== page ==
The title is appropriate; the book is not so much on the idea of the Wheel of the Year as it is a collection of ritual scripts for the eight Sabbats, plus necessary material to make sense of the Wheel, and the basics of Gardnerian ritual. The Farrars start their year at Imbolg (as they spell it), and each chapter has a section on relevant history and mythology; practical advice for the ritual that follows, including how to obtain or make necessary props, and details of staging; then a script of the ritual; and suggestions for games after. Oh, yes, the Farrars include games – as they write, “every Sabbat should develop into a party.” (21) Their rituals are formal, in the Gardnerian/Alexandrian style, and full of poetry and ideas that everyone will find useful, even those working in the most informal way possible.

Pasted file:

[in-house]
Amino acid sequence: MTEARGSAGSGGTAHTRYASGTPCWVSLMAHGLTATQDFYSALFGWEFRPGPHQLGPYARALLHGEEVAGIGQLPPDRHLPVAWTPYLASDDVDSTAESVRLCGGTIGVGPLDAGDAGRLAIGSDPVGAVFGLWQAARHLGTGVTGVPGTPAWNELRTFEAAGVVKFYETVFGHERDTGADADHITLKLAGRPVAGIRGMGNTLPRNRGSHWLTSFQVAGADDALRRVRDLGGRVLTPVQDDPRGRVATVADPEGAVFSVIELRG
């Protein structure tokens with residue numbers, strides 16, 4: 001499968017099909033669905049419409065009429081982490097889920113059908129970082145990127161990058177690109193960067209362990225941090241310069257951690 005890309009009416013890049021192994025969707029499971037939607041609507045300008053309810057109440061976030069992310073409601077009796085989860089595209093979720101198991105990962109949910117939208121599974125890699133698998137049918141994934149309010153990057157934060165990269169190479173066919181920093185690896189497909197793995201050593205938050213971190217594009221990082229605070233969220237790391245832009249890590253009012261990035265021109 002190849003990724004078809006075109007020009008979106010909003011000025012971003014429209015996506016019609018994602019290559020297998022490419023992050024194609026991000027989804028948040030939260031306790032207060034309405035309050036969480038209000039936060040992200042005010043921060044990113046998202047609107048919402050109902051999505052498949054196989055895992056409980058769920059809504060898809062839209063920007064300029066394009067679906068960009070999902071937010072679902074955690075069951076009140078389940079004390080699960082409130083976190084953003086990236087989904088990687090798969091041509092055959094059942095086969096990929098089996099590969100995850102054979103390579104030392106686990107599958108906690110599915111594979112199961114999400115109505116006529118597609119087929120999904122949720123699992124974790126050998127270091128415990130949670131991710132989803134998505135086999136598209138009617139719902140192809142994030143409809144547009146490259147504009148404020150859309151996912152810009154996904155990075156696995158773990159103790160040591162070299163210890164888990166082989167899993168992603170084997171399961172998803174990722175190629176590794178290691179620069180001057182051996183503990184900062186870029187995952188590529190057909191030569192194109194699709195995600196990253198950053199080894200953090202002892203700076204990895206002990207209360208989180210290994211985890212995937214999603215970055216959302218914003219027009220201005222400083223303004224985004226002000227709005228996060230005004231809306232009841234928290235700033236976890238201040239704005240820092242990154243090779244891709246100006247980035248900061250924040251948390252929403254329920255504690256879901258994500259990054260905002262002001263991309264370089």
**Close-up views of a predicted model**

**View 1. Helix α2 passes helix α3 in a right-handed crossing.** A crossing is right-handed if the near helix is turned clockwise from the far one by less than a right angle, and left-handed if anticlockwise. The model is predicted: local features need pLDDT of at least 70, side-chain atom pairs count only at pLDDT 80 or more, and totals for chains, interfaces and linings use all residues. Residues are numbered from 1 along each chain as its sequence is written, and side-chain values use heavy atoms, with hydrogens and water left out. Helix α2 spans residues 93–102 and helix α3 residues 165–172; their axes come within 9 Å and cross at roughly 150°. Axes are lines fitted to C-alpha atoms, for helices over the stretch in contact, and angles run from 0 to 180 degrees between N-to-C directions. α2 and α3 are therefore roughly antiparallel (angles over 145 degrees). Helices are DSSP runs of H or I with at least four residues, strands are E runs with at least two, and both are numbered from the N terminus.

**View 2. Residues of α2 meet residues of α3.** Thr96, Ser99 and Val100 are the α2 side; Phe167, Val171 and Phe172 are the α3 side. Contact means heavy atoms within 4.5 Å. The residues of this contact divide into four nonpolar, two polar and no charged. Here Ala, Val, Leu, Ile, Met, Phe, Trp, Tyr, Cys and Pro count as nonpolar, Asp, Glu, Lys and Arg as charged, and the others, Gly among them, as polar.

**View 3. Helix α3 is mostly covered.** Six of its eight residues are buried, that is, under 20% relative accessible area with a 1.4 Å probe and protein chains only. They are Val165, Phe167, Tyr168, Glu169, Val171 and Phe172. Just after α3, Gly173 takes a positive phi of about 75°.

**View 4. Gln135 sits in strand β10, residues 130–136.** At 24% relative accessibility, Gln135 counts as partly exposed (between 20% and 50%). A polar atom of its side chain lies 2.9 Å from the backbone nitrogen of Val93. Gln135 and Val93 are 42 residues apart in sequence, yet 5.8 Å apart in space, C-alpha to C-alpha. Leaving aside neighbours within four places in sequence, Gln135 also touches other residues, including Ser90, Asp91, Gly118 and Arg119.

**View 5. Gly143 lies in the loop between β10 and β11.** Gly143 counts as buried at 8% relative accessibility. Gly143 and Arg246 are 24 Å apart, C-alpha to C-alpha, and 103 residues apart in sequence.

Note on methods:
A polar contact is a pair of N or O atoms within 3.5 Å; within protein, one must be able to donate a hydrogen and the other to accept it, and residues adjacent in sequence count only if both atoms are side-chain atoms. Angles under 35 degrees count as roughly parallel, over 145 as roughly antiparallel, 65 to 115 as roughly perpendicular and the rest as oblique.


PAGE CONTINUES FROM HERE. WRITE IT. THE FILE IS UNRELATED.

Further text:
In fact, this book also includes some trenchant observations on the conduct of ritual and the magic of the Sabbats that many more recent works are entirely lacking. The Alexandrian ritual always includes Drawing Down the Moon, and often includes the Great Rite. The Farrars’ discussion of these practices is insightful, especially the way they emphasize the importance of privacy to the Great Rite. Any Witch wanting to learn more about either the mystical meaning or the nitty gritty of performing these rituals could search a whole shelf full of more recent books without coming up with half the information provided here. As an example from the Sabbats where the Holly King slays the Oak King, or vice versa, they point out that they are “careful to include in each ritual the formal release of the actor of the slain King…and also an explanation of what happens to the spirit of the slain King during his coming half-year of eclipse.” (27) This differentiation between the actor and the role is the height of practicality in magic and ritual design. Similarly, as they point out, not enacting a closing to mirror the opening of ritual is “bad manners…bad magic…and bad psychology.” (55)